100 Year Celebration Photo ContestValid: Jan 1 - Dec 31, 2018
2018 marks our 100-year celebration. Share your historic agriculture photos with us for a chance to be published in our newsletter.
Everyone has a few things in life that are very precious to them. Most would say family, photos or a special object. For many farmers, tractors are on this list. With 239 registered tractor manufacturers in the world and nearly 10,000 models of farm tractors available, farmers have a vast assortment of options when it comes to what they use in their fields today. The tractors that farmers choose to keep for decades and restore, however, are what spurred the introduction of the WHO Great Tractor Ride.
Last month, the 20th Annual WHO Radio Tractor Ride made its way back to Grinnell, where it all began so many years ago. What started as Mark & Gary’s Great Iowa Tractor Ride in 1996 with just 135 tractors has now traveled hundreds of Iowa miles and grown to include more than 500 tractors.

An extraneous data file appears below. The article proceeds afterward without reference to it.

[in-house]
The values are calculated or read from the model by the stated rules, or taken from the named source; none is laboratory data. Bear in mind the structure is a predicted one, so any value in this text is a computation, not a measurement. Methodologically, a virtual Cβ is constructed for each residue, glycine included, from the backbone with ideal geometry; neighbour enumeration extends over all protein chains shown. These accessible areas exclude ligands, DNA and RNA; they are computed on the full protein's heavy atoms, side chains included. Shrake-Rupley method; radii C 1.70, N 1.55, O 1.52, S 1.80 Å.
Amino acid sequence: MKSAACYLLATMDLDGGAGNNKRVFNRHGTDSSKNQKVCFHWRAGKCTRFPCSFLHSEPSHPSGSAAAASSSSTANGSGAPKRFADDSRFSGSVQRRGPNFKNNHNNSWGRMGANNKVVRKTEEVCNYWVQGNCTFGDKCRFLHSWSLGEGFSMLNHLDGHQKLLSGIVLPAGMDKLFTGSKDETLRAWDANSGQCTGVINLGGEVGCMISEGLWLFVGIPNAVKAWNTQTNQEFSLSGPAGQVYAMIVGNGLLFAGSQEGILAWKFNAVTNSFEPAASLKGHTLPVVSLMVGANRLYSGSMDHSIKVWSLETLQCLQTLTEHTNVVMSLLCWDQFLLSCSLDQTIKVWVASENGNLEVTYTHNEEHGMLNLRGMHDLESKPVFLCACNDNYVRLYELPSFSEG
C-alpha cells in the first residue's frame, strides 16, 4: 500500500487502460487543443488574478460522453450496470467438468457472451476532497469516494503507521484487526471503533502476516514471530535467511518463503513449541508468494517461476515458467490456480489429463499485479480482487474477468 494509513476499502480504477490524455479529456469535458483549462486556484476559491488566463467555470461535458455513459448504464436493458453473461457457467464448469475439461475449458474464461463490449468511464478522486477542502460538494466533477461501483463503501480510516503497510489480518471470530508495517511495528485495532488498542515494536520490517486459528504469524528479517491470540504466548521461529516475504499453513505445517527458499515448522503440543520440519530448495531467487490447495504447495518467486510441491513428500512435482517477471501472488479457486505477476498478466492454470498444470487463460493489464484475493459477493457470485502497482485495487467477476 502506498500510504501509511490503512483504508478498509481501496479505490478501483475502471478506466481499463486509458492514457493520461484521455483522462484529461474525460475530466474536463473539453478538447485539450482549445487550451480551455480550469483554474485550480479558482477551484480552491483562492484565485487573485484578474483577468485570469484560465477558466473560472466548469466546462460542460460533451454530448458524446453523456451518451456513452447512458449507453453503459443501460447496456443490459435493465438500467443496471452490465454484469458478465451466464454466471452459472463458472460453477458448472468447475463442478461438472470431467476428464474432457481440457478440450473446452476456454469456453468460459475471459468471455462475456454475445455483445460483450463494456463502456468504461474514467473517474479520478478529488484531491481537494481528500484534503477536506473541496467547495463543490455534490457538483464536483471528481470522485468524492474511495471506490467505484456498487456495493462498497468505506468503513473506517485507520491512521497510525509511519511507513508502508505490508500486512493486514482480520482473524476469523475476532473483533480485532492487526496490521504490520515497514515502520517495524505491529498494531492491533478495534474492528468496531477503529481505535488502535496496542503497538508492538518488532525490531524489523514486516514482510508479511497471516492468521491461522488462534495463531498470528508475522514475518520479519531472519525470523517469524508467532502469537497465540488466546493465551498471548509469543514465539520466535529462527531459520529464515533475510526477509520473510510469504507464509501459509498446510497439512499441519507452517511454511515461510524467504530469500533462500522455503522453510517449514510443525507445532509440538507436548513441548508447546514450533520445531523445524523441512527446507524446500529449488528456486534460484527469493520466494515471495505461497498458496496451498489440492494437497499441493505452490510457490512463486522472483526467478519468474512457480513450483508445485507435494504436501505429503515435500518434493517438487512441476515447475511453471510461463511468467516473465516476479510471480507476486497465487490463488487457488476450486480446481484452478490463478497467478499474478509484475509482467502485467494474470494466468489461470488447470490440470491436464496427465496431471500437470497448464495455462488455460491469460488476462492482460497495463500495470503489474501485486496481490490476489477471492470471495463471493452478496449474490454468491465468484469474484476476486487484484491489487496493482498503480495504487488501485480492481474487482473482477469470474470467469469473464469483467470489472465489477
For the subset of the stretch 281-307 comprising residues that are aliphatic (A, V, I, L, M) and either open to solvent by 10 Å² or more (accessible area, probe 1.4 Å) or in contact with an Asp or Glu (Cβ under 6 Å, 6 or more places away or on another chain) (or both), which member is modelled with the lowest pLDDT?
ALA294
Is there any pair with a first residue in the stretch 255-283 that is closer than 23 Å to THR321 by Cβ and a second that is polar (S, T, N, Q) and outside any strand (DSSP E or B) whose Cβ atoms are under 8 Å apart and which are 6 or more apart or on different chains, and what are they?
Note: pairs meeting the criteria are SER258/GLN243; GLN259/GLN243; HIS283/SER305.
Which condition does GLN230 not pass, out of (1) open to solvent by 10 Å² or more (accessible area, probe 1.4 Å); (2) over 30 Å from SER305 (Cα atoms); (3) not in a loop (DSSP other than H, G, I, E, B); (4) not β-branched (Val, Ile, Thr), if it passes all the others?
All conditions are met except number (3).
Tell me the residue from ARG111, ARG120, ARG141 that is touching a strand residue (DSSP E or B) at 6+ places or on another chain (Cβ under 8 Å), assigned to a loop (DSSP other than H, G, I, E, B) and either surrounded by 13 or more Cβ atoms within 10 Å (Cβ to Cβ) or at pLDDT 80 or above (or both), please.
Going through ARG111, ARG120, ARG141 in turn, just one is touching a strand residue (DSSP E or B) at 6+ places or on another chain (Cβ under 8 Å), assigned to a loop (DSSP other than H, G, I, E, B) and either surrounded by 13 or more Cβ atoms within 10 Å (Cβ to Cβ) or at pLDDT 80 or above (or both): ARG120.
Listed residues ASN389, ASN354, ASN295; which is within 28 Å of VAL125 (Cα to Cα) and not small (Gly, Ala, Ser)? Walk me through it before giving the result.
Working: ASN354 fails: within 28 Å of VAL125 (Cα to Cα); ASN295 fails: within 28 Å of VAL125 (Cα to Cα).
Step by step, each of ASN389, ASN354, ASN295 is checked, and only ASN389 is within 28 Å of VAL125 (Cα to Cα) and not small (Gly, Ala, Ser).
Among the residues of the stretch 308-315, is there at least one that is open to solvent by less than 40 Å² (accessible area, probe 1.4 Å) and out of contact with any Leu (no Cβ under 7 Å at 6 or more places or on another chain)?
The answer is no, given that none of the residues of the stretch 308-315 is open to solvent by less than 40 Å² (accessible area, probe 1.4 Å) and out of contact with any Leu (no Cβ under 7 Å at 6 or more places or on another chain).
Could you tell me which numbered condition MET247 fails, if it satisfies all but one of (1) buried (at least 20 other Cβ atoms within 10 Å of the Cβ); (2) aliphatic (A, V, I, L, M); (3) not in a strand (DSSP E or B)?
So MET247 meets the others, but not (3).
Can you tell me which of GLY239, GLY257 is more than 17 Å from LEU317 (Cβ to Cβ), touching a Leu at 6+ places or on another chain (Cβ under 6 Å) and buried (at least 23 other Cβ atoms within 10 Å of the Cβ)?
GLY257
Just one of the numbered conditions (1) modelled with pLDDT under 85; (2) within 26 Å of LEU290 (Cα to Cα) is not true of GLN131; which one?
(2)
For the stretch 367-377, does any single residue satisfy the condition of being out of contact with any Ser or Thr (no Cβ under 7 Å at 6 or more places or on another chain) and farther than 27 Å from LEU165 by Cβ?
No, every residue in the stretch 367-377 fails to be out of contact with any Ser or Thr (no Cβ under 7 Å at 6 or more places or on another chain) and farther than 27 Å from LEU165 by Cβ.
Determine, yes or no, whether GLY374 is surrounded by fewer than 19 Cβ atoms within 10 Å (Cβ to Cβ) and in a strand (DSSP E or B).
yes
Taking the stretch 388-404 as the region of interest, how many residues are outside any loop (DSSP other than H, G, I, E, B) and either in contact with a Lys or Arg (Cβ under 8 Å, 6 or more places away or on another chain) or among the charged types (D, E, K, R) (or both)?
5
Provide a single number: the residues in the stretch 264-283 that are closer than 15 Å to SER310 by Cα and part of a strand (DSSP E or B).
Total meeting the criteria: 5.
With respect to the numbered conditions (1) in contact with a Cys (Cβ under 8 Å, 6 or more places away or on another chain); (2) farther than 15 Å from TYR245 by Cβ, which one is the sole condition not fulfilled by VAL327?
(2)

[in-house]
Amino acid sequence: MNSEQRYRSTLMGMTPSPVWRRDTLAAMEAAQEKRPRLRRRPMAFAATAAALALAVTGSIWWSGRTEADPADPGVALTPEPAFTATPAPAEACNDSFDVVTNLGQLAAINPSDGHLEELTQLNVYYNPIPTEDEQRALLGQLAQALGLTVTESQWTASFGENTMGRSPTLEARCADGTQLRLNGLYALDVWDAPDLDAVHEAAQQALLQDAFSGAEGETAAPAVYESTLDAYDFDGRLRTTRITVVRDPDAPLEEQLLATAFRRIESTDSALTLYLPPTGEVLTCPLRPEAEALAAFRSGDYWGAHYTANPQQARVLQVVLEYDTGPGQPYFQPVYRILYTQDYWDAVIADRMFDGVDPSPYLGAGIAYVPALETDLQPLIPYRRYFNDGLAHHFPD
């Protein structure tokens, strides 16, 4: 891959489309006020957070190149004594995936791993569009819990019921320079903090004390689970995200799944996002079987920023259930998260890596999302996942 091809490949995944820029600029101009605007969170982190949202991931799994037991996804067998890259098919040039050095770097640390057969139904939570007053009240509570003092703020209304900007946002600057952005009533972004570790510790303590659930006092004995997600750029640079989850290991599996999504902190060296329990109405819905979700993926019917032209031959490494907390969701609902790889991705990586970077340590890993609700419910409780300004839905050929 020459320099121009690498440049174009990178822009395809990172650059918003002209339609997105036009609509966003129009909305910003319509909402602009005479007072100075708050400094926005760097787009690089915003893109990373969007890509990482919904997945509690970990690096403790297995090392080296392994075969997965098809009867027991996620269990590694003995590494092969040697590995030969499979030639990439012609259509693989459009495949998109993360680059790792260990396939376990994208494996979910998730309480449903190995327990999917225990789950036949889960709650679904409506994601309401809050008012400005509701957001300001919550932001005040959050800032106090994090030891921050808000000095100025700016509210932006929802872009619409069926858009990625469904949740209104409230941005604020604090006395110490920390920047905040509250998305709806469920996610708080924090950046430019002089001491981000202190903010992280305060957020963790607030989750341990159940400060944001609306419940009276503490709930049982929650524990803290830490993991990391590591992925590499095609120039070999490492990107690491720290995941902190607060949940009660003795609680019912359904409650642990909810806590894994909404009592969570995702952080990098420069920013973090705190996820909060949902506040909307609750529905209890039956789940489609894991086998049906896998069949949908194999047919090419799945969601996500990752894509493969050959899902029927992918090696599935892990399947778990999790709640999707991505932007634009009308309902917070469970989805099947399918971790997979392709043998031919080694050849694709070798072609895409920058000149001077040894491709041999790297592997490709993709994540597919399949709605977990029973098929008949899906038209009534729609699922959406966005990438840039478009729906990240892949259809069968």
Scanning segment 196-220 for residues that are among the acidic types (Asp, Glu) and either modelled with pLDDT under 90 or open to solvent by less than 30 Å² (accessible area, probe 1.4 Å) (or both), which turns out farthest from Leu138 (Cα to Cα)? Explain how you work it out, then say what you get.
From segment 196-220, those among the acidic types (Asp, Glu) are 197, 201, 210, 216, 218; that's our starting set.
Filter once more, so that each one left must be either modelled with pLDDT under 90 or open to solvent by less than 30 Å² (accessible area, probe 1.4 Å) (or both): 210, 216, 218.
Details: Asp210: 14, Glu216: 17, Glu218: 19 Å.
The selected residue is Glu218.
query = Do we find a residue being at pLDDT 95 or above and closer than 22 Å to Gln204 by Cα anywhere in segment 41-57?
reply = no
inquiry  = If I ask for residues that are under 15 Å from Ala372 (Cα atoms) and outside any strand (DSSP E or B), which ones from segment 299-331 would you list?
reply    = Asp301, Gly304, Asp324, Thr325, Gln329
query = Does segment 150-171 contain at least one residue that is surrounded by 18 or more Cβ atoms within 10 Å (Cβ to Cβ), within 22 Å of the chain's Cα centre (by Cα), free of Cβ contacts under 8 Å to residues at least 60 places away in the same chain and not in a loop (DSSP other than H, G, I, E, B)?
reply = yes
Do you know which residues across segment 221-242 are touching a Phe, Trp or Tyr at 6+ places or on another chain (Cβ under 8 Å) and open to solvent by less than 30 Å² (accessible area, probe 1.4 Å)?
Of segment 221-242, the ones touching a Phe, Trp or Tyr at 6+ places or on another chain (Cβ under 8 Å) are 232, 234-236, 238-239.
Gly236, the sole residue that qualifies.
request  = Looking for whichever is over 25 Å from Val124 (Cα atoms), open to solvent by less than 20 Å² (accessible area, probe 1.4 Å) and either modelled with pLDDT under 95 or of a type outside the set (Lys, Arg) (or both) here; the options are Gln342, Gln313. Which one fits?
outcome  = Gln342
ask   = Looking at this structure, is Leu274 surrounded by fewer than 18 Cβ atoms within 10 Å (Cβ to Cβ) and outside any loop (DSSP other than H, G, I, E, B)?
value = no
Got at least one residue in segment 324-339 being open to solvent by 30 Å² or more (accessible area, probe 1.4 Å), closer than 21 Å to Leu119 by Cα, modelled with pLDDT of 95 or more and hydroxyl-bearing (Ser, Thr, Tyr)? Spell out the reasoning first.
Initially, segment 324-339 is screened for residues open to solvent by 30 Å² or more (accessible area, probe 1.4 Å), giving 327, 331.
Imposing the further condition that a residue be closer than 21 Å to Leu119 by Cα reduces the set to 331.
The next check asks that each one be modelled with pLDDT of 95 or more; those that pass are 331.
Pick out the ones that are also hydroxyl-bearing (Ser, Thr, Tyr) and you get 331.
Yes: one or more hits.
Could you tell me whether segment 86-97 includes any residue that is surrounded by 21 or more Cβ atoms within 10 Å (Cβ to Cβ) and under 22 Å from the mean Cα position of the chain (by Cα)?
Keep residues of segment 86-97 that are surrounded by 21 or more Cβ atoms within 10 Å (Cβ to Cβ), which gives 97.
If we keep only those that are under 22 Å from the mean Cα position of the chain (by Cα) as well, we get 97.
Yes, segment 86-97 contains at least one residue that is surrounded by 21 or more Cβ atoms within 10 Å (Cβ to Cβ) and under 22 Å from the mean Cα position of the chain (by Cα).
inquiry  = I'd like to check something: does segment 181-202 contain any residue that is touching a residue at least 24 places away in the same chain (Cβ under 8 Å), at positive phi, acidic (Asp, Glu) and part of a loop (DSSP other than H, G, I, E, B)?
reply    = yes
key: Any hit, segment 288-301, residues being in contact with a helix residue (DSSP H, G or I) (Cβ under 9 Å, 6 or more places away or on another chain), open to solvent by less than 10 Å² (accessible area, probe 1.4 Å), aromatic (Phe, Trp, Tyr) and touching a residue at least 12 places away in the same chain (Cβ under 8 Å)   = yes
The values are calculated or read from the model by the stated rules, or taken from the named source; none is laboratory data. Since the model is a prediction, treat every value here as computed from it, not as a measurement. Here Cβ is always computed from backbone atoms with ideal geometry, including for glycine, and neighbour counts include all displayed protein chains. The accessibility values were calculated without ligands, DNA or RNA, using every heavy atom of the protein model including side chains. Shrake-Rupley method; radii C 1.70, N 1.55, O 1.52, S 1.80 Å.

For ride participants Terry and Erlene Leonard of Colfax, the first ride started as just “something different to do.” Today, they reminisce over ride booklets, photos and memorabilia—they have never missed a ride! They are now part of something greater than just an annual Iowa event; they are part of another little family. “For years, the ride included staying at a different hotel or campground each night,” said Terry. “At times, we even stayed in others’ homes.”
Each year came with a different theme, new route and another pin for your hat. The ride became the summer vacation for many and an opportunity to experience a new view of Iowa’s countryside. Over the years, many tractor rides have been coordinated throughout the state, but the WHO Tractor Ride owns the title as the first in the state. “We have seen everything from proposals to famous people on the ride,” said Terry. “One time, we even had a driver’s tractor seat stolen only to be put up for auction that night!”
For some, the ride is about spending time with family and celebrating a rich farming history. Key Cooperative employee Dennis Hostetler has only been on the ride a couple years, but he has enjoyed every minute. “My dad turned 91 the first day of this year’s WHO Tractor Ride,” said Dennis. “He loves it, and it’s a way I can spend quality time with him as he ages.”
The ride is not just for the drivers though. It’s an experience for each and every community along the route. Iowans flock to the streets to watch the parade of historic machines pass by, anticipating the oldest, most unique tractors they’ve ever seen.
Update your browser to view this website correctly. Update my browser now